Connect to share and comment
I recently wrote about countries scrambling for control of the Arctic. Here's the beginning of my column:
TORONTO — For Canadians, the Arctic has long been a place of imagination. It’s where Inuit shamans fly and explorers disappear without a trace. Vast and forbidding, it has helped imprint in the national psyche an almost debilitating sense of isolation.
Canada’s sovereignty over its portion of this mythical place is now being challenged, most notably by the United States and Russia. It’s part of a bigger rush for the Arctic, the setting for what the conservative Heritage Foundation recently predicted will be a new Cold War.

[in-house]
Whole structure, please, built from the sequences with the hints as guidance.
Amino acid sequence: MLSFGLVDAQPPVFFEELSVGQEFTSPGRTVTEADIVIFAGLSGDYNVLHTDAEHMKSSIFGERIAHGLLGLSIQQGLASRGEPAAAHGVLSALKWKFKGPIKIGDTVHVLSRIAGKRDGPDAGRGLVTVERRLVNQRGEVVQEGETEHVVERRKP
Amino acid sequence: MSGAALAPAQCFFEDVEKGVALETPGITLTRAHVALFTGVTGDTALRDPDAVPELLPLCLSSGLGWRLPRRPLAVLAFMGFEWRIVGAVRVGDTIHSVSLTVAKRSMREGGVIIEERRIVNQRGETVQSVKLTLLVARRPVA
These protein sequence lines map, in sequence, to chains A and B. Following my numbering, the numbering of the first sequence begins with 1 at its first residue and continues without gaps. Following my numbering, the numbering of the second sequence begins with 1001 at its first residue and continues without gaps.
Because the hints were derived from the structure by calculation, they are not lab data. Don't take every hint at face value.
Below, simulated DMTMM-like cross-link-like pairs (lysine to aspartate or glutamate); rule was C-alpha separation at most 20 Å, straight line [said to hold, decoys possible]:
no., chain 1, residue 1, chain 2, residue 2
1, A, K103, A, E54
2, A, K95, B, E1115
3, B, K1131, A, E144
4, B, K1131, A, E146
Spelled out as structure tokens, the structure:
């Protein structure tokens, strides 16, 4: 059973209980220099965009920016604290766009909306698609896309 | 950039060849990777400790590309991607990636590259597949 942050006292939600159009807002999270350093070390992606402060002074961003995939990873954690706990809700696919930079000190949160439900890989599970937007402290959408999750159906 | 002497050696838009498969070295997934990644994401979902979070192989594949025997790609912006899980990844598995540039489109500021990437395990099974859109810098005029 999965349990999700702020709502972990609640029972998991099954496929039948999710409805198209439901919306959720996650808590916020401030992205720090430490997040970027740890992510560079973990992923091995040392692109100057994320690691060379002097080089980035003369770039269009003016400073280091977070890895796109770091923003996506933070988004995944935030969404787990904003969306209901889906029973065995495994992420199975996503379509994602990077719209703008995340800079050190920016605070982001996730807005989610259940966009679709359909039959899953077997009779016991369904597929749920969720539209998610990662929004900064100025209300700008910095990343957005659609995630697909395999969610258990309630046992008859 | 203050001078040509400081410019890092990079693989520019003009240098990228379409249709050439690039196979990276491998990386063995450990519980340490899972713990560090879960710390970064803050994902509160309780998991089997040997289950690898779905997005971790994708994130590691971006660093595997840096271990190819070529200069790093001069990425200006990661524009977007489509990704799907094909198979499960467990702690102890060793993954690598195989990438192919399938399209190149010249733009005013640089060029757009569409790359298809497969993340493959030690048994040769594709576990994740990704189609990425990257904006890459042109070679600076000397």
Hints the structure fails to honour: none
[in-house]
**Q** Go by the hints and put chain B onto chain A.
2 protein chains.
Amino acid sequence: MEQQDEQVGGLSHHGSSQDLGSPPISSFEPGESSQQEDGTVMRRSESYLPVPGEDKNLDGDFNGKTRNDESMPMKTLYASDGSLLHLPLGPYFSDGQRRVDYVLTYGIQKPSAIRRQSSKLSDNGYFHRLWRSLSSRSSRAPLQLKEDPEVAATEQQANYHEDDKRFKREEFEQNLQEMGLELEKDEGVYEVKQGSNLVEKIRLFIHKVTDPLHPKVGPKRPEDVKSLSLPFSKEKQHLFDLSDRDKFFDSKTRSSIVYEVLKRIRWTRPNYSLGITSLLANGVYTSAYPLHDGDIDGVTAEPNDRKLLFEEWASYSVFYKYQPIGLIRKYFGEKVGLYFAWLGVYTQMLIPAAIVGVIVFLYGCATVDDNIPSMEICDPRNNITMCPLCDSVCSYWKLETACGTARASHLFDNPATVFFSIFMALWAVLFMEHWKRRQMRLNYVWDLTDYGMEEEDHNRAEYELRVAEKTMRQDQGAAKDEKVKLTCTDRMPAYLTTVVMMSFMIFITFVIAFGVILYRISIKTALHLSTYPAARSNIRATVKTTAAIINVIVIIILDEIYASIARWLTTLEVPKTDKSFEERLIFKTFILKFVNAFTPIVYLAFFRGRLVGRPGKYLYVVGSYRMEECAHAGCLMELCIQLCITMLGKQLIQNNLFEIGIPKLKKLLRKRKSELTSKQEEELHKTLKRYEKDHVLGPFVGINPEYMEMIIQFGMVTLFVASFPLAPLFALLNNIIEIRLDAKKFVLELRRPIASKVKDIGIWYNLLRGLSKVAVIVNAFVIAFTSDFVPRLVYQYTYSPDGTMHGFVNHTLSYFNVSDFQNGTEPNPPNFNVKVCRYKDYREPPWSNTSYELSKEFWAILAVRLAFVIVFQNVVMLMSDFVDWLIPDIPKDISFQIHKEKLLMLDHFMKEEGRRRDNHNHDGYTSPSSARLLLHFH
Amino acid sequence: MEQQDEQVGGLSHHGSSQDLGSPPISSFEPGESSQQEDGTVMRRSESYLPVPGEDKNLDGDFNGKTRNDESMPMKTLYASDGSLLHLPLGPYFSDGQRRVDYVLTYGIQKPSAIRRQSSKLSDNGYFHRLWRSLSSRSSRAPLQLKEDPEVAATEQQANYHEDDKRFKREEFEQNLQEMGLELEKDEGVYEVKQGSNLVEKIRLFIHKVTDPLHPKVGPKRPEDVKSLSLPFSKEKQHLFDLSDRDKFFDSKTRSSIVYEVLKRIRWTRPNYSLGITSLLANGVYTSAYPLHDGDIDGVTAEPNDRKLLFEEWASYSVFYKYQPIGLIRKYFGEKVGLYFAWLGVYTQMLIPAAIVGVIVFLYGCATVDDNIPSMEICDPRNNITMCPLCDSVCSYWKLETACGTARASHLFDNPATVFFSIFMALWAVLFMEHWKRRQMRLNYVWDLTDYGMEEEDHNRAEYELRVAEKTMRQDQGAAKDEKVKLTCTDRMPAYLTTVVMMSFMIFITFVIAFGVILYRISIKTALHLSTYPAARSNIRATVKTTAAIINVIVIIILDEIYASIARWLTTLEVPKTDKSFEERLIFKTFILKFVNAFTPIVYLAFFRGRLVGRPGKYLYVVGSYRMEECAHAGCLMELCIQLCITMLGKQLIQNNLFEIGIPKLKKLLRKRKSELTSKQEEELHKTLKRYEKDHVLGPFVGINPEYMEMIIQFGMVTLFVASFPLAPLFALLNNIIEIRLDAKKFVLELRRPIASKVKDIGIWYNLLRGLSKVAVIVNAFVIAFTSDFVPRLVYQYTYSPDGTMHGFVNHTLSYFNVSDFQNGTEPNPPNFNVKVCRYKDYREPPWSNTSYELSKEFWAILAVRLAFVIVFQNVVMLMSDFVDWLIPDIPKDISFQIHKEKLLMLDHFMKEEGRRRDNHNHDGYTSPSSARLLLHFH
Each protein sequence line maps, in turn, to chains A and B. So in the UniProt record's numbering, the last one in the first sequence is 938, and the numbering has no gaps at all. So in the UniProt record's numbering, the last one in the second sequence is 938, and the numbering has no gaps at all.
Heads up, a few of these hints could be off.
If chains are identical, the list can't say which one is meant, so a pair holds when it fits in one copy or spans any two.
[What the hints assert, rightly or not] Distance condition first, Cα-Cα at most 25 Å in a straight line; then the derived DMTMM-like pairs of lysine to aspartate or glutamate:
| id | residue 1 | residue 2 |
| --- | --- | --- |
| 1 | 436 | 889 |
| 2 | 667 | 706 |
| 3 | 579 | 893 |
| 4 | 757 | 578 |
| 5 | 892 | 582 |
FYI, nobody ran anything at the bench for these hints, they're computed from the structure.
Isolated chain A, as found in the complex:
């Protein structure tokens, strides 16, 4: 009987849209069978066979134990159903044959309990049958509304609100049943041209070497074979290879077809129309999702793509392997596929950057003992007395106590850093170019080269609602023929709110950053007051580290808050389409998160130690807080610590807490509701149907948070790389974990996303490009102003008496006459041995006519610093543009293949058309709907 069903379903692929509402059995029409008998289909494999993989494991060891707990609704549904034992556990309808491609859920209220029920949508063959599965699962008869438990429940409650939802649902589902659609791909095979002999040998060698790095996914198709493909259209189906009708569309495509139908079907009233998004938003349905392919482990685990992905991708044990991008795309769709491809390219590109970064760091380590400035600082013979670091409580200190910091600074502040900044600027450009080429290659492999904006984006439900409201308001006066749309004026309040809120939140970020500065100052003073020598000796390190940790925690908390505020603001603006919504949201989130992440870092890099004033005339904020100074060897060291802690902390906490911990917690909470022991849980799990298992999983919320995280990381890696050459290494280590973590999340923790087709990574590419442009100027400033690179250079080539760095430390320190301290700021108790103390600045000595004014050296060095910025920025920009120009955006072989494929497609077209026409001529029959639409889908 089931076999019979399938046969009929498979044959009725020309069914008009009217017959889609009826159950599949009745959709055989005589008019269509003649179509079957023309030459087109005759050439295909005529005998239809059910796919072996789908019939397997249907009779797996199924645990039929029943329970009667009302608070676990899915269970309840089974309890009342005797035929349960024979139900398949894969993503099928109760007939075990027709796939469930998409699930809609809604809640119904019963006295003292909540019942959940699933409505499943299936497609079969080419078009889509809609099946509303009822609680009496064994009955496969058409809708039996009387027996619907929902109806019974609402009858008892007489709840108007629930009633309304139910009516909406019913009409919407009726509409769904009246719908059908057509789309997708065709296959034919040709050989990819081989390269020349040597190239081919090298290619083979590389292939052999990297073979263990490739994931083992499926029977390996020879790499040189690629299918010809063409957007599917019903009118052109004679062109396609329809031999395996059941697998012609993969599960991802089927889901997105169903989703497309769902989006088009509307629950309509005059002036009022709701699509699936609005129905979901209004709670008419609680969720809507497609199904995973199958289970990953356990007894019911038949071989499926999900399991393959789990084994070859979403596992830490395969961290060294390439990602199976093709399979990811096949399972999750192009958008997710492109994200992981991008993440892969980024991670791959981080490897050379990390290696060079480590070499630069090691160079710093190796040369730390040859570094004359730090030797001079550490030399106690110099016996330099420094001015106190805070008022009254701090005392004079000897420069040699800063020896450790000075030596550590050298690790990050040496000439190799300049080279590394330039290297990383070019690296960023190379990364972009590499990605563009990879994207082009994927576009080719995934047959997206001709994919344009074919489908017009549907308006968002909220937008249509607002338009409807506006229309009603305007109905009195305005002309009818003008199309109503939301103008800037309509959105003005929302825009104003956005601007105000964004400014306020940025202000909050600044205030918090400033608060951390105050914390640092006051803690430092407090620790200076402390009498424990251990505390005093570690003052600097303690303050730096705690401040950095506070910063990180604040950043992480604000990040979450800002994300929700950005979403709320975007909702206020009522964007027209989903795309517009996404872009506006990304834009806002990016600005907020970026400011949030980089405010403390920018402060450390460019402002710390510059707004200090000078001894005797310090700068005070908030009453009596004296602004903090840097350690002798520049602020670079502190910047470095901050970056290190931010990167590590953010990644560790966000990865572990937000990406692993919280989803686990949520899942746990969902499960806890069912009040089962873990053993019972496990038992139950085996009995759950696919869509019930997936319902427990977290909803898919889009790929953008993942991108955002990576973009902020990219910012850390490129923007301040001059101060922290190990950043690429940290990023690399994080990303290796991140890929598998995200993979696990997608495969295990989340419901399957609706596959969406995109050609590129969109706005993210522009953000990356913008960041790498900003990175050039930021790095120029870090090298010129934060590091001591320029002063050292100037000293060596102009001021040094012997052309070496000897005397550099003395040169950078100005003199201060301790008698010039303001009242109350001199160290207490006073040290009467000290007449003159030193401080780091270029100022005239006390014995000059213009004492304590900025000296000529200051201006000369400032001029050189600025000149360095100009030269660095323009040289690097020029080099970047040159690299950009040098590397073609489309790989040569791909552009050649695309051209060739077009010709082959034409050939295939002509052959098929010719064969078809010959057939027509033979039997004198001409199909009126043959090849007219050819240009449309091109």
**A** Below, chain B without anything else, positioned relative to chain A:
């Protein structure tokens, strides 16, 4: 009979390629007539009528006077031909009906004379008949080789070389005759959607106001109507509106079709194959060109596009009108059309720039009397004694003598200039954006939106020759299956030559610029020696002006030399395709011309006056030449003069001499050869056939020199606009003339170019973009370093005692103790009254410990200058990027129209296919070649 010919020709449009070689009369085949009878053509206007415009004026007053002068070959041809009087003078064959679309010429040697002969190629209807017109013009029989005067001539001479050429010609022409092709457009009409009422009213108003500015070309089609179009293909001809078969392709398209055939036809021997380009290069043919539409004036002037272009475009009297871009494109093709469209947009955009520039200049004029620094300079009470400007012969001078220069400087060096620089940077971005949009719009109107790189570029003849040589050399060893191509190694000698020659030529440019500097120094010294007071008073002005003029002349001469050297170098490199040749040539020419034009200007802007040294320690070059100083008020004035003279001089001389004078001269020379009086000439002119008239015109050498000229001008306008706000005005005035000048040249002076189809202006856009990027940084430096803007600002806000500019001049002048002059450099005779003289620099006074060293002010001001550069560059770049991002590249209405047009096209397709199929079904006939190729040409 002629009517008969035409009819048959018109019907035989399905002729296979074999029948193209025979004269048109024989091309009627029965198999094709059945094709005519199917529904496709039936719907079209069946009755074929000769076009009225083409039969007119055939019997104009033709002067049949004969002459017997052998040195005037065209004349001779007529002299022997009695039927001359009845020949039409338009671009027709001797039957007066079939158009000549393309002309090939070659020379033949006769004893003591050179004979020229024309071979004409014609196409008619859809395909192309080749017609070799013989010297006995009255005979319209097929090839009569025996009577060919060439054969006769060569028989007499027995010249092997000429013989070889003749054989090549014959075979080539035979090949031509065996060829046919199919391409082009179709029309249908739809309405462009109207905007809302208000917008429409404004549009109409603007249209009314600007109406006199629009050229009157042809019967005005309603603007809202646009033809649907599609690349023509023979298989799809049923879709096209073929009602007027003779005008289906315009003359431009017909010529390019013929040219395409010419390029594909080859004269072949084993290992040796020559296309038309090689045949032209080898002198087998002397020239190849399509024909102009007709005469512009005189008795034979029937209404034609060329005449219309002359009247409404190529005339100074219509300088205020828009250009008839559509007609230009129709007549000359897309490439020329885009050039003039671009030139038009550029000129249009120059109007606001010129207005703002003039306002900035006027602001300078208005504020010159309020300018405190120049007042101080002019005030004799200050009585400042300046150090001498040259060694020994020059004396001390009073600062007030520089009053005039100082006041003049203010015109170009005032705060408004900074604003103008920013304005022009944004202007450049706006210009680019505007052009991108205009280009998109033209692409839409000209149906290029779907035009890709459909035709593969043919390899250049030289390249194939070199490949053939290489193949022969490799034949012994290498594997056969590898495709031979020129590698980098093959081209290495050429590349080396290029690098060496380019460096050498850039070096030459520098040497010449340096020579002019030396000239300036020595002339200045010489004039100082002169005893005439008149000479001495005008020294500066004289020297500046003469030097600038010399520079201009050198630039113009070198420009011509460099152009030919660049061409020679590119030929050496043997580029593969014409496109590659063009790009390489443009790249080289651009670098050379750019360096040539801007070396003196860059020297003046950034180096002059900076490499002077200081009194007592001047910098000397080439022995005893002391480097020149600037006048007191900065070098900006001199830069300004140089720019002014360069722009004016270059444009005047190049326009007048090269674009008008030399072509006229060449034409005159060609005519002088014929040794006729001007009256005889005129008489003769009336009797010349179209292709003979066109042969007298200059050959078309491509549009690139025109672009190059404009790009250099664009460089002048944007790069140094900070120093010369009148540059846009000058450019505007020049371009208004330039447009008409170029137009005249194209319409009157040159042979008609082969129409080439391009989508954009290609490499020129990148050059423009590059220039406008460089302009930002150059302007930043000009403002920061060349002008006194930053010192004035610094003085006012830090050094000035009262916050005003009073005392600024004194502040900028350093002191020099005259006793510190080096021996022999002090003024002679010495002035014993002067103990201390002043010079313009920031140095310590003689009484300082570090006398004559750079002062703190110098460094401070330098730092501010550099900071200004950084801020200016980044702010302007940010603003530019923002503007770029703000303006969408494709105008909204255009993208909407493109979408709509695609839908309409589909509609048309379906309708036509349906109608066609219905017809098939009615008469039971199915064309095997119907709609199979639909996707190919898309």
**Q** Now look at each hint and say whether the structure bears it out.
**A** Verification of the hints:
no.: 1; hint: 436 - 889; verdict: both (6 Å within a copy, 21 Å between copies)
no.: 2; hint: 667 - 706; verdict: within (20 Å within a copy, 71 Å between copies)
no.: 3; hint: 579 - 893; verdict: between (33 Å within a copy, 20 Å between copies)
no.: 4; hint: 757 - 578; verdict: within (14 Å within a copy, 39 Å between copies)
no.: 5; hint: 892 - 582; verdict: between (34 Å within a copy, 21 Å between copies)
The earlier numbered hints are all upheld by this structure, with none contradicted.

In short, the scramble for diminishing energy resources has reached one of the most sensitive ecosystems on Earth.
The most dramatic example occurred Feb. 18, the day before U.S. President Barack Obama’s visit to Canada, when two Russia bomber planes provocatively flew to the edge of Canada’s northern airspace. F-18 fighter planes were scrambled to intercept them. Canadian pilots sent the Russians “a strong signal that they should back off,” according to Canadian Defense Minister Peter MacKay.
Click here to read the rest.